Connected maybe, but not so switched on.

New phone! New phone! My gracious girlfriend was generous enough to gift me her spare (presumed dead) phone to use. Of course the rumours of its death were horsecock and it’s risen like a freshly baked loaf. I feel like I’ve never really known what it was to have a functional phone. My beloved Galaxy S2 was a terrific device, but severely hindered by the $10 text, wifi only plan I had it on. The previous phone I’d been borrowing allowed me to utilise WIND Mobile’s unlimited data plan, but the phone itself suffered from low RAM and generally limited hardware. I’m stoked I got free use of it for so long, but it’s nice to upgrade to something slightly more modern. The new model, unlike the last one, can actually access 4G connections and has enough battery life that I can throw a number of functions that’d make Felix the Cat‘s bag blush out of jealousy. Simple things like upping my screen brightness to a visible level or being able to have GPS on permanently to get the best functionality out of apps is now a reality. My privacy can now be further quashed by Facebook’s location settings. Almost as great, I can now use Google Maps as it was intended. If I’m not sure where I am, I don’t need to hunt myself down with a host of finger pinches and scrolling. I can let the computer do the work for me. If I want to access the net, it happens within 5-10 seconds. My SMS program opens almost instantly. Snapchat doesn’t take a minute to open (the point being moot. I think I’m over snapchat already). The future is now.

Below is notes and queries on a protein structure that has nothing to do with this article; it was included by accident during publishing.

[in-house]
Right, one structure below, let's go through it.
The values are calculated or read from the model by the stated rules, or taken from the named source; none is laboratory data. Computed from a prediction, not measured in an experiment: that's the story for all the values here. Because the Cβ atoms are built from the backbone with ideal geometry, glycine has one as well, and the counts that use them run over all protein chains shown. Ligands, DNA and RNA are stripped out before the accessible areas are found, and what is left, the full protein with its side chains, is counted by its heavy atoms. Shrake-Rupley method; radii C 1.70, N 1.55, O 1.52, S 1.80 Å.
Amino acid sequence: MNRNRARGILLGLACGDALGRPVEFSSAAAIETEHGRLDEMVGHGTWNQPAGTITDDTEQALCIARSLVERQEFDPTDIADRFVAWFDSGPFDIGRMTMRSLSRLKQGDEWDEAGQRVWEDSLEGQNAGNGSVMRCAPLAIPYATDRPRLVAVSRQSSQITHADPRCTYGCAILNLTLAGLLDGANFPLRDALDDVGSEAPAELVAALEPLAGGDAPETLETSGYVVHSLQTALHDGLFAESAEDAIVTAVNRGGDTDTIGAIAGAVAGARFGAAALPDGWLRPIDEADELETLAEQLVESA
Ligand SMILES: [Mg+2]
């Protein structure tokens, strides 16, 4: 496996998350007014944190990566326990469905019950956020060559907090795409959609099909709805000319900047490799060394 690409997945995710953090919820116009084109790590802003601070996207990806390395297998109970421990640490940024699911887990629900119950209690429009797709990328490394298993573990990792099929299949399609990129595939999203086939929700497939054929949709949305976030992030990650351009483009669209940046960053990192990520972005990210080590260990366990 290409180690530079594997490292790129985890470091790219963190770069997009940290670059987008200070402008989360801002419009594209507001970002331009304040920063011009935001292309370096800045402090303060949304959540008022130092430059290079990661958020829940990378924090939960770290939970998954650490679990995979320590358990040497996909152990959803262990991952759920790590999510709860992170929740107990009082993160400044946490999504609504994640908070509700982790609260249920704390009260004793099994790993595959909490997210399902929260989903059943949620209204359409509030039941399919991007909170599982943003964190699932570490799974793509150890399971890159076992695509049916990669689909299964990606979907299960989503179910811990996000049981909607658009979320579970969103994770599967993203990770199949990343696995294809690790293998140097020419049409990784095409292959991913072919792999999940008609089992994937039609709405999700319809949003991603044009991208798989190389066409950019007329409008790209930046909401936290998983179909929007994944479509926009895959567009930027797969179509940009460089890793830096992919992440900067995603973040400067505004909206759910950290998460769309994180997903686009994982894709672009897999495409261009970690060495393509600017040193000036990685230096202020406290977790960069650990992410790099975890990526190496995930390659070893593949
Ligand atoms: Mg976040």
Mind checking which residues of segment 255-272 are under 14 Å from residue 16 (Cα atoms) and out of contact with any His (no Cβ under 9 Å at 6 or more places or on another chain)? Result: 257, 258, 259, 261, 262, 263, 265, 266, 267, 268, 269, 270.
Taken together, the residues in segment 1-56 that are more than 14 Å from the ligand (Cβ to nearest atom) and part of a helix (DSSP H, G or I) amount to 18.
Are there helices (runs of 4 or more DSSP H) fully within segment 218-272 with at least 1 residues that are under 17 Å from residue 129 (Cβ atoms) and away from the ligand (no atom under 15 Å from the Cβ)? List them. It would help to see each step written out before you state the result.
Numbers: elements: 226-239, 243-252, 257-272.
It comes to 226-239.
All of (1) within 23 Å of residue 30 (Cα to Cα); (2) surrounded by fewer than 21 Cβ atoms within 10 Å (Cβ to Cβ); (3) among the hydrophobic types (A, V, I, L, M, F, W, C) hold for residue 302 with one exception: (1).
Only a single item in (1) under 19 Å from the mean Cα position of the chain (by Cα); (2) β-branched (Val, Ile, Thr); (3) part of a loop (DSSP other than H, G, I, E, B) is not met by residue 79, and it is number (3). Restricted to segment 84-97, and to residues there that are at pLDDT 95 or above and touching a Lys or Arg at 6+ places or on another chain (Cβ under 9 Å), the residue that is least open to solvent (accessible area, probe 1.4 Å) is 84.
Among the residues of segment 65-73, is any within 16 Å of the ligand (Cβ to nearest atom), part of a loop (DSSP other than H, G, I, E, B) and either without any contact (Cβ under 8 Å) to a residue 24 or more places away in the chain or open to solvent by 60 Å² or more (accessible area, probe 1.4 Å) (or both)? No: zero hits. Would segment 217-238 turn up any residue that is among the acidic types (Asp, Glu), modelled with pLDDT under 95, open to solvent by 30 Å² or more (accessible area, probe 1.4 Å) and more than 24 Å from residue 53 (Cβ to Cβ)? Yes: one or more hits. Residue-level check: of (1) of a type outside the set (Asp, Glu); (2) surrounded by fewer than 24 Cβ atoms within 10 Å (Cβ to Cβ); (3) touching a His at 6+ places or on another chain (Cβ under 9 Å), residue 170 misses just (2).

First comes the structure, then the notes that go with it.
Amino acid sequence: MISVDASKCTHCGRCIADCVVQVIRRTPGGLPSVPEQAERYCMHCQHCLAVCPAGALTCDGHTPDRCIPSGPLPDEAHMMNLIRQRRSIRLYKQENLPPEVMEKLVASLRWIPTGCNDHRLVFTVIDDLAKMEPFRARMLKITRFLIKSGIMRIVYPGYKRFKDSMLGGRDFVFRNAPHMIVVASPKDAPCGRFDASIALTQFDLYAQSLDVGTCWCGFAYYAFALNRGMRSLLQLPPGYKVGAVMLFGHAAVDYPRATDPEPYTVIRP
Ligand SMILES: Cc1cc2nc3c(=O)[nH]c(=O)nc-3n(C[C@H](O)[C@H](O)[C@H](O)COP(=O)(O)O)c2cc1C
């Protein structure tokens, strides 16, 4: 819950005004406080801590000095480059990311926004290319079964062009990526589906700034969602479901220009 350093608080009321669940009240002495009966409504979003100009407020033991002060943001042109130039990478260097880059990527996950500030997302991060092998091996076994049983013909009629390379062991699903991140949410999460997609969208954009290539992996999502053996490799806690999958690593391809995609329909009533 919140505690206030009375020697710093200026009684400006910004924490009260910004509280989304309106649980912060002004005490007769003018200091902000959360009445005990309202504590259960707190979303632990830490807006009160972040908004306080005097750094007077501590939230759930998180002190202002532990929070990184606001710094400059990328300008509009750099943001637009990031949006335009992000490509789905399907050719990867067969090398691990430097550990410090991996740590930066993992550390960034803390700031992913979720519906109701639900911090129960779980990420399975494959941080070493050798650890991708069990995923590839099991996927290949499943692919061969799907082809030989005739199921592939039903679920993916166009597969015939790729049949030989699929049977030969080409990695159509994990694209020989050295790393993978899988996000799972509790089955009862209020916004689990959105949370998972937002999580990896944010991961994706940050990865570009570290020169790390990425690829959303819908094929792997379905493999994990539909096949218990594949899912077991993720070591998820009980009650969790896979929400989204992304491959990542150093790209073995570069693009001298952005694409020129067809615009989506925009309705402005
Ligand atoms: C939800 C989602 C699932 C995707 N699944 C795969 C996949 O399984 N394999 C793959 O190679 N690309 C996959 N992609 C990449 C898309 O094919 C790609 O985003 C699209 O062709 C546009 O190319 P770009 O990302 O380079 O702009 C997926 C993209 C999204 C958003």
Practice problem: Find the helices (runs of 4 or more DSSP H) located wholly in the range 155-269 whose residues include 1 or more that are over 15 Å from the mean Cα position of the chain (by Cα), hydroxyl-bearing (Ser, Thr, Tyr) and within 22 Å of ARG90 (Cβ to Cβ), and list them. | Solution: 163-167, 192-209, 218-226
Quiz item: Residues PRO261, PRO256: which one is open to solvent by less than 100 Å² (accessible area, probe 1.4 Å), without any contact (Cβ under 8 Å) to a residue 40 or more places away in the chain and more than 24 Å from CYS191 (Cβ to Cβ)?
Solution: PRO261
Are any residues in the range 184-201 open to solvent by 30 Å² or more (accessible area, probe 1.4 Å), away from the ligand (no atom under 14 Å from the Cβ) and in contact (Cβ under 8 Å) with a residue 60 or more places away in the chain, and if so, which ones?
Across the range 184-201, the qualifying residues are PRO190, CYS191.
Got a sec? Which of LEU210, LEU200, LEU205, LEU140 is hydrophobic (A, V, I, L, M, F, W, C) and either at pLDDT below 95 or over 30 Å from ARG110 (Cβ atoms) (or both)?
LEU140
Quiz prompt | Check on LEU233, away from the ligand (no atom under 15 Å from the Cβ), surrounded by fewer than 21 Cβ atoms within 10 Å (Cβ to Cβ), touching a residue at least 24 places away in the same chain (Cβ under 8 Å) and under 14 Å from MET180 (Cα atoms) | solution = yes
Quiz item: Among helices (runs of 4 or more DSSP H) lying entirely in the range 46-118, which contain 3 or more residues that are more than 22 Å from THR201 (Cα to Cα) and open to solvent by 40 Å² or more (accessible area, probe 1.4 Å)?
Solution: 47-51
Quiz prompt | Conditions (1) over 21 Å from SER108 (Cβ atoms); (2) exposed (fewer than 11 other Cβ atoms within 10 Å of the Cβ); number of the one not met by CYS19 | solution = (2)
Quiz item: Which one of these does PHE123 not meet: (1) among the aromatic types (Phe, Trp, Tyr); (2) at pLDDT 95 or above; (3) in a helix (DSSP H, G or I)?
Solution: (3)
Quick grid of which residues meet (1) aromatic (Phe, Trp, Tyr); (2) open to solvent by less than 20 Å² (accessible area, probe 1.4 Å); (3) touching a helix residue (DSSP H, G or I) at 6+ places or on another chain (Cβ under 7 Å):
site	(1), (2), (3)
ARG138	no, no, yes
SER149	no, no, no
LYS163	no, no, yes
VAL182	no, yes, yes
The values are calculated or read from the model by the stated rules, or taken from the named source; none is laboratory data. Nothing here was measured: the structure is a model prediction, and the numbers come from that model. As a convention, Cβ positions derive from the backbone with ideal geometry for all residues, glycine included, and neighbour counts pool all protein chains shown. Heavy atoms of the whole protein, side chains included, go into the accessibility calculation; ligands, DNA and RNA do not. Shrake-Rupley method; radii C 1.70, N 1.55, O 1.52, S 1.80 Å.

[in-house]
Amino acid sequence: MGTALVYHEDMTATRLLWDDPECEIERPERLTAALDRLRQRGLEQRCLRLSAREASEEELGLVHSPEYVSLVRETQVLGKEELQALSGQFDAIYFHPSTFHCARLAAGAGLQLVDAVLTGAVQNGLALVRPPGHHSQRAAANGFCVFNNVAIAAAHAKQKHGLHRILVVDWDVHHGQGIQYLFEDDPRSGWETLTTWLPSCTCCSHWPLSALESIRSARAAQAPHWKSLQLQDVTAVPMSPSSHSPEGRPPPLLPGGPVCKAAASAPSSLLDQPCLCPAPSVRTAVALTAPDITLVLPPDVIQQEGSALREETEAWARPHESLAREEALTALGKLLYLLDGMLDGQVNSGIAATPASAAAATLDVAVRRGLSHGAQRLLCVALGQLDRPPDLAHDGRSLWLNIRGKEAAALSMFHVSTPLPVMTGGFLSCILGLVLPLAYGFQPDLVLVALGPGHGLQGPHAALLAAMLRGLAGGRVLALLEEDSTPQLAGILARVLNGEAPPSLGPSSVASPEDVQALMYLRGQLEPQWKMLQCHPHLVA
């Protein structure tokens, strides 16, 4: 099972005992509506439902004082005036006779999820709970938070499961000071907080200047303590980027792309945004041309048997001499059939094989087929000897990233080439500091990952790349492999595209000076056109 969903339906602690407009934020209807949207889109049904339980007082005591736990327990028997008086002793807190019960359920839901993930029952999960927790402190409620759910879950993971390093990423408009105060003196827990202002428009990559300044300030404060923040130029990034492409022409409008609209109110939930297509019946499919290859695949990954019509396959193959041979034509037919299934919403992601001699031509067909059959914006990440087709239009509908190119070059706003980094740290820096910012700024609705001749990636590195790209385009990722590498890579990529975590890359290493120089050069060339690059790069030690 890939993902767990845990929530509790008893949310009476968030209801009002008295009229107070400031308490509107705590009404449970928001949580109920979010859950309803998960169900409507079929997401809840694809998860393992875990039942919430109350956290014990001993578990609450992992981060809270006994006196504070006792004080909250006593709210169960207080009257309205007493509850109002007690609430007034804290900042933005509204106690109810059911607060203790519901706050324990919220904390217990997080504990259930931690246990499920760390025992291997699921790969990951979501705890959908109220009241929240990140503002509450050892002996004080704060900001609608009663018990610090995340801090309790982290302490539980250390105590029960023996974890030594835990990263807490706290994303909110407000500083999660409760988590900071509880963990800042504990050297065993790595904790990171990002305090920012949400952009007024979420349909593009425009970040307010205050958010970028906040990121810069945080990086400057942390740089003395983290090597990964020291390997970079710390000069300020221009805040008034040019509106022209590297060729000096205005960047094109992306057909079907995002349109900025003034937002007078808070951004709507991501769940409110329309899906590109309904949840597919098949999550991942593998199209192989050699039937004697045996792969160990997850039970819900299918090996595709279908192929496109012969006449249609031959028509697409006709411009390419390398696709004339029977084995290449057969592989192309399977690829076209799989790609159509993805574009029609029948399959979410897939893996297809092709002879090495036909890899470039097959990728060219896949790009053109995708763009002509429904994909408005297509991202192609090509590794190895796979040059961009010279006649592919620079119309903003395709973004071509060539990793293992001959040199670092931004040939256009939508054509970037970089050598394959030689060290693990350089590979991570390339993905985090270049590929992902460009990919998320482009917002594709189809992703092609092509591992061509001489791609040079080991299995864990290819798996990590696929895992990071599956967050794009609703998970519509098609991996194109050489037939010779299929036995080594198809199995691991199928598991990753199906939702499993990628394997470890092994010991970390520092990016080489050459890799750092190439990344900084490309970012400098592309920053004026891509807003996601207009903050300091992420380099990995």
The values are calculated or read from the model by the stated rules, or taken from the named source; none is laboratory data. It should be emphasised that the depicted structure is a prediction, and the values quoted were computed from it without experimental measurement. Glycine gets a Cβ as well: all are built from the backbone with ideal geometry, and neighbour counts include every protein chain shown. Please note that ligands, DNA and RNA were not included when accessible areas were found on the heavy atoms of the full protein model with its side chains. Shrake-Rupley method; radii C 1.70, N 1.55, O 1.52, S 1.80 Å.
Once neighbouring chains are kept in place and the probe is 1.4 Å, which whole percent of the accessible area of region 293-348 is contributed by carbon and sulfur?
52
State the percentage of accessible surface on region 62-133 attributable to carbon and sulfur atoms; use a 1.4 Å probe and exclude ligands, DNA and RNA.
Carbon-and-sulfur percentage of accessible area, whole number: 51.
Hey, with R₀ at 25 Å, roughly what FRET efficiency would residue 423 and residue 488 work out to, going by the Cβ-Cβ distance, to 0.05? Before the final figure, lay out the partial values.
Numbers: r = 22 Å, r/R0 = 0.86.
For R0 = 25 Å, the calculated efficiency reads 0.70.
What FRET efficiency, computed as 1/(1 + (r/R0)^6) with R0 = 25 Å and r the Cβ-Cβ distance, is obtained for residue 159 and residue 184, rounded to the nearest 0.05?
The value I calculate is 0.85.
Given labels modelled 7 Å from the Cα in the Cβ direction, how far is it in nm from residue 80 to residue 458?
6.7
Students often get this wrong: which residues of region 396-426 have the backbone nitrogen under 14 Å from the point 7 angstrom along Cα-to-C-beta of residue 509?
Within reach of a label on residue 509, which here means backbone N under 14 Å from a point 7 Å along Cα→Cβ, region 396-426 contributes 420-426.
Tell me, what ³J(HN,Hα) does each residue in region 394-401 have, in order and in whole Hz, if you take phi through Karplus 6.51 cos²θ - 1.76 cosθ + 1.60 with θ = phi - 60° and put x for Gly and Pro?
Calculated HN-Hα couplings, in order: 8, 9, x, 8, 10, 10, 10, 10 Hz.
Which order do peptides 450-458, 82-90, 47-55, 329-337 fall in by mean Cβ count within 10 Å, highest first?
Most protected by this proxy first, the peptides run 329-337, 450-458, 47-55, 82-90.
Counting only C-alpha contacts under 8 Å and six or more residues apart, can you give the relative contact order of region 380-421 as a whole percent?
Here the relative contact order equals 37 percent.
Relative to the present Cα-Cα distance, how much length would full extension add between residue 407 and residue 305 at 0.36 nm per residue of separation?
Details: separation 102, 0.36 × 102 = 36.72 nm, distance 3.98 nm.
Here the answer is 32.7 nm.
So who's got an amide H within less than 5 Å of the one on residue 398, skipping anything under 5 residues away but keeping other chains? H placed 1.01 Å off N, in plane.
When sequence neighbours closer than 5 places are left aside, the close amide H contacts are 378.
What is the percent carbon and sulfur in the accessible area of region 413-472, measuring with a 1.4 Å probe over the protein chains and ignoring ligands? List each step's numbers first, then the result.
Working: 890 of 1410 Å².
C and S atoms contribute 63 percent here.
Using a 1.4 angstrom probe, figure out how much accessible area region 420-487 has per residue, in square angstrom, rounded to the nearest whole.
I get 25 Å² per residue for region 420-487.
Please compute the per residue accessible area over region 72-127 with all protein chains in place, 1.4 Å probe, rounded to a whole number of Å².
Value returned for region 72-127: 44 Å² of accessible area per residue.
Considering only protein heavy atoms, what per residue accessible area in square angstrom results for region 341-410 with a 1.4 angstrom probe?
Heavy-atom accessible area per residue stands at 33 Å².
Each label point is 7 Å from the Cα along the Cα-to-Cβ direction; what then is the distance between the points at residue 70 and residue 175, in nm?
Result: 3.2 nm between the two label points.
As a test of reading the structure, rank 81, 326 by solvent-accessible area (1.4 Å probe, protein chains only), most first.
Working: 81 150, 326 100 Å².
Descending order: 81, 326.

In prepping my new phone, it’s interesting to see what gets left by the wayside. Each time I update to a new handset I seem to shave away a number of non-essential apps (which will no doubt be compensated for with new ones that utilise the capabilities of the new phone). It takes a week or so of re-tooling, re-jigging and Gettin’ Jiggy wit It to make the phone truly operational. Contacts and app settings need to be backed up. I’ve got pages of old texts I like to hoard for posterity. While progressing on one hand,  there’s still so much I have trouble letting go of. These digital artifacts are like data souvenirs from my bit based life. It’s the cellular equivalent of moving house. Even as we speak I’ve turned away from my keyboard a number of times to check on transfers and processes from one phone to another.

It’s scary how much of ourselves we place into these devices now. My phone is stocked with little notes I’ve written, errant pieces of writing or bits I’m working on. There are photos from my last few years just floating around the hard drives of these pocket computers. For so many of us, our phones are a portal through which we present ourselves to the world. If it weren’t for my phone, friends and family back home wouldn’t know half of what went on in my life. I feel like every day I mindlessly or willingly cede my own rights away to large corporations and their lucrative data mining. By buying into the functionality and practicality of letting a device organise my life, I’m voluntarily turning myself into neat little market research statistics for these guys. They know where I’ve been, what I write about to my acquaintances, my likes and dislikes. While these products certainly make life easier, there’s definitely a cost to the exchange. It feels like I’m taking these low hanging baubles on short term credit, with the larger price to be charged later. The phones I’ve borrowed may have been free, but what payment am I really owing?

I’m sure Google Play has something I can use to figure it out.

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